Introduction . . .

This is a brand new blog, by a brand new blogger. However, some readers may recognize this blog's title, taken from a series of books of the same name. Unfortunately, time has a way of gradually making printed material all too quickly outdated -- especially these days -- and so, this blog was created partly as an attempt to address that issue.

As we move forward from here on-going efforts will be made to transfer selected content from the Better Microscopy books series into this new format, not only to provide to provide more effective distribution, but also as a means for making timely additions and overdue updates to that material. In addition, much previously unpublished material is now planned to be released, including high-resolution color images.

The current plan is to aim for a content mix that is both interesting and educational -- perhaps even inspiring -- and which will address the needs and interests of a wide range of user levels, from beginner to semi-professional. With more decades of Microscopy experience than I care to admit, I hope I will be able to contribute something to others in terms of both knowledge and enjoyment.

I hope you find something of interest in new undertaking as it takes shape and gain much from its content, now and well into the future!

Just beware of the occasional attempts at humor...

Thanks for visiting!

Tuesday, February 7, 2017

Images from Polanret!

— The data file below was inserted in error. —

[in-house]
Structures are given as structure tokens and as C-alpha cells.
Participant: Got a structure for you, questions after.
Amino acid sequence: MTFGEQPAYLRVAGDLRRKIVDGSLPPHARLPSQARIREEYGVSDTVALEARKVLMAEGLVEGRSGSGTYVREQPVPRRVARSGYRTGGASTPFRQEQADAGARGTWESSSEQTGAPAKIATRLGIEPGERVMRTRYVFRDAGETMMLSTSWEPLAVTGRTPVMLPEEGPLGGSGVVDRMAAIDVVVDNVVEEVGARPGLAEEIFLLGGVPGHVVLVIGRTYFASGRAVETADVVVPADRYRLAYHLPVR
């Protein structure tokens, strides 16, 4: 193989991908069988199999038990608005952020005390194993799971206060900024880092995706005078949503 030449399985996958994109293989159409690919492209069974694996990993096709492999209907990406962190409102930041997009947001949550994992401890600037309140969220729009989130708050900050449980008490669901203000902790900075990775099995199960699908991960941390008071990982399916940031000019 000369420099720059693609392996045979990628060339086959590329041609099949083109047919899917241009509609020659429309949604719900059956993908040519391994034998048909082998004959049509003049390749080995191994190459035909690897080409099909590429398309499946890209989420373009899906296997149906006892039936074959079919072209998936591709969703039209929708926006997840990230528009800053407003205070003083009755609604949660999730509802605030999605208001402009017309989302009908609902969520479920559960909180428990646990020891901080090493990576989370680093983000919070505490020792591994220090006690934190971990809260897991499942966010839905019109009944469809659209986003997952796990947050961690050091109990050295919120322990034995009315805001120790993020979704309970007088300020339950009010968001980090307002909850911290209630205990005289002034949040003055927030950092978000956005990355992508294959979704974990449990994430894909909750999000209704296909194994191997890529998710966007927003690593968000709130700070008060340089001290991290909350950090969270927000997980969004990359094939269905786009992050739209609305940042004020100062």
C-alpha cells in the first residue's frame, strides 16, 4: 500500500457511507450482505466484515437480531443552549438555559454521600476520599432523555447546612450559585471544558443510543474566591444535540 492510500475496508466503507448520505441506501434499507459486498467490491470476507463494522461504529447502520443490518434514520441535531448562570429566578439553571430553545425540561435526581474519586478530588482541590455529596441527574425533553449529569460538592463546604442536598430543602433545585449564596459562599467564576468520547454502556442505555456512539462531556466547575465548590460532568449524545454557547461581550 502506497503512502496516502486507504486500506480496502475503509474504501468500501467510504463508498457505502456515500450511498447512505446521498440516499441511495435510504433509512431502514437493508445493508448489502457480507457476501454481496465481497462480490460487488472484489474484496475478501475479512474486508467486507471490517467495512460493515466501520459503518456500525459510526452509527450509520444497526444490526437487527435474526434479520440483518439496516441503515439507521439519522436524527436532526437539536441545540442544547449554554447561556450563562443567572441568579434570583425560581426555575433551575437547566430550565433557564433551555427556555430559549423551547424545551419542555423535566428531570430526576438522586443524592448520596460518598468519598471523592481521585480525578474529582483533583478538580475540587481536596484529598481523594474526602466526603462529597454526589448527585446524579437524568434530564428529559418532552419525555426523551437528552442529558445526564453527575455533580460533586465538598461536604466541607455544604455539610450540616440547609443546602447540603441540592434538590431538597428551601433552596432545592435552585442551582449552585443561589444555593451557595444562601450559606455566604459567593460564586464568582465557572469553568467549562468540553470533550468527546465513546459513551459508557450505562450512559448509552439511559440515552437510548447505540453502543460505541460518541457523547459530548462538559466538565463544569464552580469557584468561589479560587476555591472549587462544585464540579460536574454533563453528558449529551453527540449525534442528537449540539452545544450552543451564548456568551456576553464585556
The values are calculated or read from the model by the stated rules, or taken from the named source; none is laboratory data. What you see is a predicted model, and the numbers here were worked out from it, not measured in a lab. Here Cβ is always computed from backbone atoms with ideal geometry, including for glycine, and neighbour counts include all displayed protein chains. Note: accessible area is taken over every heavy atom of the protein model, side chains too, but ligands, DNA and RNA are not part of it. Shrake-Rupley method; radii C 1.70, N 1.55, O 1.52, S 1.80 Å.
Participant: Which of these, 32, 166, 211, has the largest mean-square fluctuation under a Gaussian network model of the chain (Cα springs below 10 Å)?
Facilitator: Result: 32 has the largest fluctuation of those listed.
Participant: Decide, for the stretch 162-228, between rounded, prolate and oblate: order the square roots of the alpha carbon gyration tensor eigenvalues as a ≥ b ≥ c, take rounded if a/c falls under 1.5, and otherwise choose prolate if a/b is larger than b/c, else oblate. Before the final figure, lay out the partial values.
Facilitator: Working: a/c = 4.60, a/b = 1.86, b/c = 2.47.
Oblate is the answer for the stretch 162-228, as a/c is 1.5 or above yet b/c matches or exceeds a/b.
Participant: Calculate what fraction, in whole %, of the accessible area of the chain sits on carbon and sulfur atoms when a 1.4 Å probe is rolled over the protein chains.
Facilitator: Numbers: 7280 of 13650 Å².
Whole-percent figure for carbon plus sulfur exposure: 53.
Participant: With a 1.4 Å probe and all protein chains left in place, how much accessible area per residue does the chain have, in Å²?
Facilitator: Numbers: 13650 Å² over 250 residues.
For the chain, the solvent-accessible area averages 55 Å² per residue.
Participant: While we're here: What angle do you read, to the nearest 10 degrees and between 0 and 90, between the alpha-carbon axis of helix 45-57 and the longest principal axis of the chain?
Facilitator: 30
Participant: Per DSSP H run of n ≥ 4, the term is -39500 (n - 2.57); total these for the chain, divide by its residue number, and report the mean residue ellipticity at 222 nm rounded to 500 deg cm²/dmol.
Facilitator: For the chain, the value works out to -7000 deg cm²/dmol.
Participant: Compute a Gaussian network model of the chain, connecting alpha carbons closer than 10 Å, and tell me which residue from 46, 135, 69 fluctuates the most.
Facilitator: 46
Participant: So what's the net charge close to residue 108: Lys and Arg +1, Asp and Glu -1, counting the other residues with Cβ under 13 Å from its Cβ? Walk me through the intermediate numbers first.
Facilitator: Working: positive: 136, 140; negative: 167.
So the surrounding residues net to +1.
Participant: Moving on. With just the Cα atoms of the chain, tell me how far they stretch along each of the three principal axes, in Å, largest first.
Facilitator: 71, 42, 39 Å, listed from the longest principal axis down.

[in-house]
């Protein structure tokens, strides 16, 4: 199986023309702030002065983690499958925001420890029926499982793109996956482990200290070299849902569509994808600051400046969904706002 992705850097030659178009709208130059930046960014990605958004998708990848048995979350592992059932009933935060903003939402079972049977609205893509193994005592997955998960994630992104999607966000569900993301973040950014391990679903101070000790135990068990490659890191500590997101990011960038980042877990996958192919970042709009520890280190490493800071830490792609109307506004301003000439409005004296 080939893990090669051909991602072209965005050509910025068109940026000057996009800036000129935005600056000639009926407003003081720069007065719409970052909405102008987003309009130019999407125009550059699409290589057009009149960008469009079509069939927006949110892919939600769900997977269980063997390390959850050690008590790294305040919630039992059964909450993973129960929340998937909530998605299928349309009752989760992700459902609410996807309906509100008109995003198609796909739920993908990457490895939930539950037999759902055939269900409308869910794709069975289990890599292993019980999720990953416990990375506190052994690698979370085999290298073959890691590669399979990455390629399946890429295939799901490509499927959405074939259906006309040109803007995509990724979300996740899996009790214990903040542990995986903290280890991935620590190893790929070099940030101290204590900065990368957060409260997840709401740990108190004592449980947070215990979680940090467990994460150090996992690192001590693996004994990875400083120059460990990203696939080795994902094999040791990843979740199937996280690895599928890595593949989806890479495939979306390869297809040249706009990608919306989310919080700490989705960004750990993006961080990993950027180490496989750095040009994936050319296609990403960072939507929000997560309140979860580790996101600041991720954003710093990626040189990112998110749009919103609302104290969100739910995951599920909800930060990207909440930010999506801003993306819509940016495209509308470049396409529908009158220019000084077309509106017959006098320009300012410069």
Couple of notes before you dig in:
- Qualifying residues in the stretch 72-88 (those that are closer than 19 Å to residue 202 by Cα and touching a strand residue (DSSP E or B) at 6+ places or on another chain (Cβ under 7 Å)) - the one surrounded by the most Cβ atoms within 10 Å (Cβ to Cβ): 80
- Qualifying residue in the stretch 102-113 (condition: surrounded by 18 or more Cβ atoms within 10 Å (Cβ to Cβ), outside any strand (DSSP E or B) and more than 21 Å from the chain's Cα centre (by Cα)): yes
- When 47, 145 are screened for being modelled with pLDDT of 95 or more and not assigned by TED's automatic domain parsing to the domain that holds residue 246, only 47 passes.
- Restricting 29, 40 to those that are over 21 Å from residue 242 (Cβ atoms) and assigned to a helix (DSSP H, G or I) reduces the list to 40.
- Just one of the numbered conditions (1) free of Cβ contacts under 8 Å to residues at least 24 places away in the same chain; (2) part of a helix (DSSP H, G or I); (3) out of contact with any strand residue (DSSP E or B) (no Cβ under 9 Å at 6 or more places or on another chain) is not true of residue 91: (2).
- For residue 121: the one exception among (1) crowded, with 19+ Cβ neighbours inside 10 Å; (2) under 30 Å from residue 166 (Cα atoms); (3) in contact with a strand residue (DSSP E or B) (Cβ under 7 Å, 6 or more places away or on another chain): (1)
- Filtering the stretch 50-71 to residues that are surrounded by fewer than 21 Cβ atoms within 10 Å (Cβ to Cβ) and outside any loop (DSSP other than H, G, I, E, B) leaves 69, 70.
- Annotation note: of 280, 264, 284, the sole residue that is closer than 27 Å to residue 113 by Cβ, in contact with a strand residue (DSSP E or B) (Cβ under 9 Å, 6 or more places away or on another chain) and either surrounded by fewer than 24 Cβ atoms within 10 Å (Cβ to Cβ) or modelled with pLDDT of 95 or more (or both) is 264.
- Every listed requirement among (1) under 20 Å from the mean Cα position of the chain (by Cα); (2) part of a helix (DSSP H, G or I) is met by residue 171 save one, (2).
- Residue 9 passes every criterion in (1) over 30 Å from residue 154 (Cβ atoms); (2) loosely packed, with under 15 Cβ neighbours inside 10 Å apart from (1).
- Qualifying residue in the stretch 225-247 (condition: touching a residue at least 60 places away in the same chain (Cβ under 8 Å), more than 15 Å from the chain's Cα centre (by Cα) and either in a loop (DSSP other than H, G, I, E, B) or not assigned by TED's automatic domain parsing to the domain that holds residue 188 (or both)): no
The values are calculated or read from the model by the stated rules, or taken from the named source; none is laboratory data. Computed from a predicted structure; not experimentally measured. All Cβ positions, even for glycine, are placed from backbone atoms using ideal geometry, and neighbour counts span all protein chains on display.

As efforts continue to shift this Blog into more visual presentations, here two sets of images made from a single diatom at random setting for the instrument.

The in the first set, immediately below, colors from the camera images have been left largely intact. However, note that the colors are, to some extent, due to the interactions between the residual phase information from the instrument and the internals of the digital camera, and are not present to the same extent in the visual images.  (Such effects are common in phase contrast imaging and are not peculiar to the Polanret. They may. however, vary somewhat with the specific camera used, in this case a Canon 2400is.)

The next set contains exactly the same images as above, but with the extraneous color information suppressed. This provides a better representation of the actual visual appearance of the specimen.

This set more clearly demonstrates both the Polanret's ability to vary the image contrast level continuously and the ability to switch seamlessly between Bright and Dark contrast modes. (Click on an image set for larger versions, then use the Back button in your browser to return to this page.)

A more technical discussion of the Polanret system will follow in a day or two… 

Also, see the Blog Post of January 28, 2017 for an earlier discussion of this system. 

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